Governance and farm data – Who owns it and who profits from it?
Advances in Smart Farming and Big Data applications have great potential to help agricultural industries meet productivity and sustainability challenges. However, these benefits may not be realised if the social implications of these technological innovations are not considered by those who promote them.
Recent interviews with Australian grain farmers and industry also show that issues related to trust are critical. These include concerns about transparency and about who will benefit from access to and use of “farmers’ data”.
These concerns are creating scepticism about the value of ‘smart’ technologies amongst some farmers. There is concern about who is collecting data on their farms and if it is being sold to others. It’s difficult to be certain if the advice they are getting on everything from pest control to fertilizer is unbiased and objective or if there is profit involved.
What are the concerns over the collection of farm data?
There are threats from insufficient controls to prevent the disclosure of personally identifiable information (“PII”) to outside parties and inadequate agreements on the uses of data by parties to whom it is disclosed. There are real threats of conflicts of interest from companies recommending products that their affiliate provide. For example, farmers could be targeted by spam marketing for products based on their production patterns.
Large companies may also be able to manipulate commodity markets to their advantage. For example, equipment companies already have fleets of combines continuously uploading harvest data to their servers.
This makes excellent market intelligence data. John Deere has been a leading company in the deployment of precision agriculture and big data. When a farmer drives a Deere tractor, the data is uploaded to the cloud and shared with the company.
Deere tells customers that information is needed to troubleshoot machines and make accurate recommendations to farmers about how to use the land through a fleet of software developed by seed companies and embedded in the cabs.
US farmer David Seba believes Deere knows when he is planting and is convinced the company sells that data to weather companies and commodities traders.
All this incredible technology that everybody’s come up with, that everybody talks about—are we making any more money? We’re making less.
Deere denies that it sells aggregated farm data. Nevertheless, it is data collected by the company that allows it to enter into business partnerships with companies, such as Dow DuPont, which depends on soil information to make nutrient and seed planting prescriptions.
Who owns farm data?
Issues around ownership of data generated through new areas of agriculture technology remain unclear. Once an individual farmer’s data is aggregated with other farmers’ data in many cases, they are considered to be the property of the company or platform responsible.
The absence of legal and regulatory frameworks around the collection, sharing and use of agricultural data contributes to the challenges currently being faced by farmers in adopting smart farming technologies.
The fact that many large agri-businesses or technology providers are also foreign-owned is another important factor in terms of lack of trust. Farmers may not have the benefit of consumer or other legislative protections of their own country, where the dispute is taken to an overseas jurisdiction.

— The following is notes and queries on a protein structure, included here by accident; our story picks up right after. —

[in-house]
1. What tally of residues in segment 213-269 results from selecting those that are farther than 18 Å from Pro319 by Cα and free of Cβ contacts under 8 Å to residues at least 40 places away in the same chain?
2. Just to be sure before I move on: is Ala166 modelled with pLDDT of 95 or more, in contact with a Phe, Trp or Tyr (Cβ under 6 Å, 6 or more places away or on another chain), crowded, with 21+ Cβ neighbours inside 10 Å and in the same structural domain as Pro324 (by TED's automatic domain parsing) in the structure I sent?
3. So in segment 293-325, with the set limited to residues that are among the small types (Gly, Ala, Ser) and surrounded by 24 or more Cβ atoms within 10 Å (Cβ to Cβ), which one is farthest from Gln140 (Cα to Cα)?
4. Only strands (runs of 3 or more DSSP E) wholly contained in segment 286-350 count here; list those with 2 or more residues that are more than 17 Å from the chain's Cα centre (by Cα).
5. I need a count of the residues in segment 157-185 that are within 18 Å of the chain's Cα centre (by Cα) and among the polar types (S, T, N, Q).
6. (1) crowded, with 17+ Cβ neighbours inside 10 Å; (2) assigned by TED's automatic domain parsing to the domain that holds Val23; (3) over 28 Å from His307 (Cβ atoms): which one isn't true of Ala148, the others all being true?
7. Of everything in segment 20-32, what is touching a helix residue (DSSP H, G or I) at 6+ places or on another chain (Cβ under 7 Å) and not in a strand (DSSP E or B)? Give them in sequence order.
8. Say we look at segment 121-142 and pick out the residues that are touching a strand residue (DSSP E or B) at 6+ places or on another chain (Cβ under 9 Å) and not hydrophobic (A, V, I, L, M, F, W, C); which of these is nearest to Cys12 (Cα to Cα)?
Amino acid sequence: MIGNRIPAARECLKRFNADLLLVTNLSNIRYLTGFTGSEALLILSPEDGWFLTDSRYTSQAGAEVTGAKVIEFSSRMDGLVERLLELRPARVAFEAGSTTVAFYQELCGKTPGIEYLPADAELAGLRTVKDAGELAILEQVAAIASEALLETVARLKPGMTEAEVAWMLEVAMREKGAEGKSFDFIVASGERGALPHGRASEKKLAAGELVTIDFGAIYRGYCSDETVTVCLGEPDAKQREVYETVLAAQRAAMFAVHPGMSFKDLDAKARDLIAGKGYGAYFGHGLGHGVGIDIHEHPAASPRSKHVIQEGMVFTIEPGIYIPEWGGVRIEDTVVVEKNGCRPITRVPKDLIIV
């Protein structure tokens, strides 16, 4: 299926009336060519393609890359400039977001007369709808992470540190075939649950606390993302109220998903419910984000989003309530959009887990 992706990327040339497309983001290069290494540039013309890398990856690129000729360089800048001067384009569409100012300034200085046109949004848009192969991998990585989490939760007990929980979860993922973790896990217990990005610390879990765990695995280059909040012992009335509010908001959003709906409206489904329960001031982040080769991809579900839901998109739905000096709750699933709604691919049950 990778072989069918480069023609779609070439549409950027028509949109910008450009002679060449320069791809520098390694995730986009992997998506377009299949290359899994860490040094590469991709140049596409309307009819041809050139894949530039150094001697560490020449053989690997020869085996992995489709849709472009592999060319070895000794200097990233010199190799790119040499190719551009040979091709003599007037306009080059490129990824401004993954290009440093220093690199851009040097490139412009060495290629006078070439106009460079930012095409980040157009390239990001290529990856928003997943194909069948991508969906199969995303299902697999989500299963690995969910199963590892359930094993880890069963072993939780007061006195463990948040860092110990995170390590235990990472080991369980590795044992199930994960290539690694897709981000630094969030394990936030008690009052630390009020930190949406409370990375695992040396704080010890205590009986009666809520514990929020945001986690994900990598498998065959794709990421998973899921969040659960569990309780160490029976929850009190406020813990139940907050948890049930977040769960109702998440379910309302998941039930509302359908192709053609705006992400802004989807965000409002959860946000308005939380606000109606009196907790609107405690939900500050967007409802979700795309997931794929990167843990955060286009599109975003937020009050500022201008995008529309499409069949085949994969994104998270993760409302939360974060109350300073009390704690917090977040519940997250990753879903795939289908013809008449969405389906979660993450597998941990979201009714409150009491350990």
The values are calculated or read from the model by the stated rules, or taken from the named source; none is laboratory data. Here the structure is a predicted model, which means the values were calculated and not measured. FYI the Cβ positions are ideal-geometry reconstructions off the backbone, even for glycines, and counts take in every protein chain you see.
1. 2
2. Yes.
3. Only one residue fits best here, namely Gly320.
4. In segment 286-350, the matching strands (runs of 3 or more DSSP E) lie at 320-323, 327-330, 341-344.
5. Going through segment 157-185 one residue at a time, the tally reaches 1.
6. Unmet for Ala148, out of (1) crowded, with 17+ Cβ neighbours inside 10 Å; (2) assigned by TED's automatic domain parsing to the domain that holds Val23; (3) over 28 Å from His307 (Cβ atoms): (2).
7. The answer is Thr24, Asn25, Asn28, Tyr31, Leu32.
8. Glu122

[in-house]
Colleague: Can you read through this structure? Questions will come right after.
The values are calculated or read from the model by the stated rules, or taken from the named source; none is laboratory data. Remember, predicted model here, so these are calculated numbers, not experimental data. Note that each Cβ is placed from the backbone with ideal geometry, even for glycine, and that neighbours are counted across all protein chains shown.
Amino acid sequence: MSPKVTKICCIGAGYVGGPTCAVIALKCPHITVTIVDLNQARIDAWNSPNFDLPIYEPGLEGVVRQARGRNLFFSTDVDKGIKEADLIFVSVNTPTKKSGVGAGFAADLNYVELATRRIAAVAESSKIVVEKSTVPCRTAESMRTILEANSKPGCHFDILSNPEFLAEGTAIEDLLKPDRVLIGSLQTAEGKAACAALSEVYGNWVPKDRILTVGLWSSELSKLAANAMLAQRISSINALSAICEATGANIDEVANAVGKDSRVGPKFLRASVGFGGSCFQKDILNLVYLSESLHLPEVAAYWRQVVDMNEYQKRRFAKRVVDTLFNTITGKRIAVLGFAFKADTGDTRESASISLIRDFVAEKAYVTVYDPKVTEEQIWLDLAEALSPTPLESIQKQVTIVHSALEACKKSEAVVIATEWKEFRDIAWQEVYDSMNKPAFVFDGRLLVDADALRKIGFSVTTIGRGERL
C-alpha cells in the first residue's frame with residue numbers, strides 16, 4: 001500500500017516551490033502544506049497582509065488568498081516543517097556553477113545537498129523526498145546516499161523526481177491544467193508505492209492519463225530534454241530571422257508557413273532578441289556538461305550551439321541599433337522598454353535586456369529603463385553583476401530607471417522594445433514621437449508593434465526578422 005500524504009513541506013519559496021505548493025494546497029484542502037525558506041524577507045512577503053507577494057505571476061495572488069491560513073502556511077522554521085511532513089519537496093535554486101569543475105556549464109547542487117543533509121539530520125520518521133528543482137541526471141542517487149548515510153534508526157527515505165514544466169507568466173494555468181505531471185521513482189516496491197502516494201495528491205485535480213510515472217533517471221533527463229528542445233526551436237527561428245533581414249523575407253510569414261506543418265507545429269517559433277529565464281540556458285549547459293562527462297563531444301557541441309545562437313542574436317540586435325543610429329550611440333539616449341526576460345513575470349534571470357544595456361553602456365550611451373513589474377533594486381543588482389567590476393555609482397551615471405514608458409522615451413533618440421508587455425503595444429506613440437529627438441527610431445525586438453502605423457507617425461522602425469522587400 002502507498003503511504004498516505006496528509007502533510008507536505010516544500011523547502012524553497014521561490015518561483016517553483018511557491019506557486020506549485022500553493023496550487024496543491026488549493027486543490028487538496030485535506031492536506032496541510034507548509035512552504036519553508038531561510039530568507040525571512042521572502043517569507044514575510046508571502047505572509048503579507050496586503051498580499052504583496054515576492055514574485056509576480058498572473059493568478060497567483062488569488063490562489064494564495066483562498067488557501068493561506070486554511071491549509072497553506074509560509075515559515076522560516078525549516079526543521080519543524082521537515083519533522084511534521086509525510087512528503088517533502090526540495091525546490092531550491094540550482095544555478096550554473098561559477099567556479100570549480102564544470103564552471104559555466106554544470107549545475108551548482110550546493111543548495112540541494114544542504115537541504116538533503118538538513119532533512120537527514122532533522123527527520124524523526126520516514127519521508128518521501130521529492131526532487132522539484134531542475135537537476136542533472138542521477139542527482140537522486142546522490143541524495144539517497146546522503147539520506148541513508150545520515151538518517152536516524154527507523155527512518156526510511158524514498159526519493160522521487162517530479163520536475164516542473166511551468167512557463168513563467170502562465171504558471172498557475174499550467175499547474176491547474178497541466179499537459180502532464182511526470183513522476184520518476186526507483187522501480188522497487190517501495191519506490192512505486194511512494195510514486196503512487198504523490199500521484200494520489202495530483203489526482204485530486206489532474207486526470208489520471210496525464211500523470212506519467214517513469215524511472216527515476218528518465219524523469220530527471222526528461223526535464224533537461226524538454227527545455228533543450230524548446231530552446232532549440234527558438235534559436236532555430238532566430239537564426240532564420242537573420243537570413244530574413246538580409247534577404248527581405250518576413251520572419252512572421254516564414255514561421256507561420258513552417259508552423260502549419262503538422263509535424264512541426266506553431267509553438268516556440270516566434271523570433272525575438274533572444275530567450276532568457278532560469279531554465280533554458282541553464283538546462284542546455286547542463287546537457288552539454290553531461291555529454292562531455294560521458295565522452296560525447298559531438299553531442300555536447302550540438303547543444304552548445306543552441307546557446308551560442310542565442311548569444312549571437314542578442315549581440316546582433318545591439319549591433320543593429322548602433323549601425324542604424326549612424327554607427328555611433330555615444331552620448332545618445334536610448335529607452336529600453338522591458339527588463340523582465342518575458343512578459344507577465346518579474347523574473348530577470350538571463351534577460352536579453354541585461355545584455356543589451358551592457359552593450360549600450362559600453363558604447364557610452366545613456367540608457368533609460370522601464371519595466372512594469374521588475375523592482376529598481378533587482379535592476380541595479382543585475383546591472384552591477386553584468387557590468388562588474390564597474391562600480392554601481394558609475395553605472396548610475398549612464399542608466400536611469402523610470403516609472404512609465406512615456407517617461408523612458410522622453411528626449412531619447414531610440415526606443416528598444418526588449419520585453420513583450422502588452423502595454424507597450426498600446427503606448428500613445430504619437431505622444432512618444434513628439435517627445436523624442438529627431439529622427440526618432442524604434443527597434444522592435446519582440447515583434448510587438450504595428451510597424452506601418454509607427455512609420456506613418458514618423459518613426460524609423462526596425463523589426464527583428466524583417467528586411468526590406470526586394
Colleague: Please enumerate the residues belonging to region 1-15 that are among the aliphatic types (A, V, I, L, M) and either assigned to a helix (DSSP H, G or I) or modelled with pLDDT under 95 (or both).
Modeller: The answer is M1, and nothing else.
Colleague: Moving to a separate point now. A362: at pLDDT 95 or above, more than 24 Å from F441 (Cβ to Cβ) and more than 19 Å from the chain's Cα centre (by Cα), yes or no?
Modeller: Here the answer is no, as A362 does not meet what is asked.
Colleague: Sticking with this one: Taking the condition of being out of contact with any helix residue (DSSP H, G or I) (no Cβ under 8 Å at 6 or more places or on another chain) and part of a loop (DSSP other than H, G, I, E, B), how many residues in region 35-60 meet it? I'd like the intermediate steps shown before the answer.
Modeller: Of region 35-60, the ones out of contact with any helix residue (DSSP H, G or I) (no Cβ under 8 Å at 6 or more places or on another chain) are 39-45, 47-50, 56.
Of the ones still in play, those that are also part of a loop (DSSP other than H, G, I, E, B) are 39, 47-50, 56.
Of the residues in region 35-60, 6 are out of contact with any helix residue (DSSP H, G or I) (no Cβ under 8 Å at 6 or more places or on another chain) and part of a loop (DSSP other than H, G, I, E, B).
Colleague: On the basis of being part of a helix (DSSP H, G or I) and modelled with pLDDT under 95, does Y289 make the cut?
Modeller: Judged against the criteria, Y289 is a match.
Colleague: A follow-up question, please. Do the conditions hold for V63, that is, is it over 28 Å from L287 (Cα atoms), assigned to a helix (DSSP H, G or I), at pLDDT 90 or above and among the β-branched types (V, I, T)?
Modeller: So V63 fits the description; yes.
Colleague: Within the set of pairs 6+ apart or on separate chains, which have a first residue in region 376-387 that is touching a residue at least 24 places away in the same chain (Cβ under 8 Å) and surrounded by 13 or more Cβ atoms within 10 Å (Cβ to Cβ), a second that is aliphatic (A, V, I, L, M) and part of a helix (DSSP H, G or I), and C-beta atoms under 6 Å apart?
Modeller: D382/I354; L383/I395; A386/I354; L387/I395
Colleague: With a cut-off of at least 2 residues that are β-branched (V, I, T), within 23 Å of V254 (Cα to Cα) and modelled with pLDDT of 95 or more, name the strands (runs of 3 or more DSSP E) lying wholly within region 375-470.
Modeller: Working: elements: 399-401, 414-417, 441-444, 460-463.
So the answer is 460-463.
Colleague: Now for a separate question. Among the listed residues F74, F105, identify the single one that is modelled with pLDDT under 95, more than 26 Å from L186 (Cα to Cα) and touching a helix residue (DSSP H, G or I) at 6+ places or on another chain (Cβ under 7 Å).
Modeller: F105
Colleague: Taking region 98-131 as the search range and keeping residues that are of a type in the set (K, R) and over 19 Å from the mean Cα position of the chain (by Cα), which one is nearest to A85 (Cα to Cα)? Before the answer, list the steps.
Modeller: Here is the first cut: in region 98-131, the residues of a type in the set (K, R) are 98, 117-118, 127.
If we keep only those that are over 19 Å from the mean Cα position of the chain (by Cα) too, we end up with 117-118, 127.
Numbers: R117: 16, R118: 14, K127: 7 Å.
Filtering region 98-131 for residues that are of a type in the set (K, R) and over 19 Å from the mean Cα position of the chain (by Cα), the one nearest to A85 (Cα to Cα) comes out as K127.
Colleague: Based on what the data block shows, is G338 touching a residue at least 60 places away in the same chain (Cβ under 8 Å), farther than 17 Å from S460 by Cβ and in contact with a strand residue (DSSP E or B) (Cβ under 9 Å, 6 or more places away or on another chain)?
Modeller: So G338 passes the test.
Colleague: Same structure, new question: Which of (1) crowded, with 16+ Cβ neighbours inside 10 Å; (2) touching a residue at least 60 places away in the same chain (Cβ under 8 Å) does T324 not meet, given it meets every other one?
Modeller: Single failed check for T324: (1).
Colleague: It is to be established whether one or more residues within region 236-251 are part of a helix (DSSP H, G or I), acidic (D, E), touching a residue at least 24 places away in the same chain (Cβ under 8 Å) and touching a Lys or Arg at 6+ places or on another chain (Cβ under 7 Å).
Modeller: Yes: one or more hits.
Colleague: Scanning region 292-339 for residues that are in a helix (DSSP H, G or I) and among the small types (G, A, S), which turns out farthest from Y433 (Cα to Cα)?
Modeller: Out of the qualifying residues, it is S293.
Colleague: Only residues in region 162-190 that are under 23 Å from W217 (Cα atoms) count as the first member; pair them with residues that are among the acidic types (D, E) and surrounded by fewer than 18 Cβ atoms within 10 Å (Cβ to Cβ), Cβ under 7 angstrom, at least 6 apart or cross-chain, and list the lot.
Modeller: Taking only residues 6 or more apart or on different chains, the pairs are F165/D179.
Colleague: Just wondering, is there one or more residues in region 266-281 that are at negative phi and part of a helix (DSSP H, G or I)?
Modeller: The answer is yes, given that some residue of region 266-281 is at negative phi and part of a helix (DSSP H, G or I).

Who profits from farm data?
Big agricultural companies or Agriculture Technology Providers (ATPs) are beginning to offer prescriptions to farmers that allow them to better utilize their data and increase their output, for a fee. There is much potential for data to affect how the agricultural sector functions, but without a proactive, responsible approach, there is a very real risk of these changes benefiting only the most powerful actors within the supply chain. Farmers are often in a weak position buying many inputs from large companies, and in turn selling to larger more powerful companies.
Farm data has a value which is why one company is even suggesting farmers sell their data. Kansas-based Farmobile has created a platform to enable just that. The platform provides an opportunity for farmers who need a new income stream, but also for buyers who need specific, county-by-county farm data.
Why good governance is needed for farm data?
When it comes to data and technology, differences in resources mean stark power imbalances in data access and use. The most well-resourced actors can delve into new technologies and make the most of those insights, whereas others are unable to take any such risks.
Access to and use of data has radically changed the business models and behaviour of some companies. In contrast, those with fewer resources farm such as small farmers are re-receiving the same, limited access to data that they always have.
How can trust be built?
Building trust is critical to further developing the technology. There is a need to invest in building the capability of growers and farm businesses to be both informed data consumers as well as co-creators and curators of data. This can be done by involving growers and their trusted information and advisory networks in the cooperative development and trialling of these systems.
New data technology represents a fantastic opportunity for the agricultural sector to meet growing environmental, economic, and social challenges. Increased data is being collected on farms, but it is still unclear whether this is leading to better decision-making at the farm level. Building farmer trust will be essential to exploit the technology to the full.
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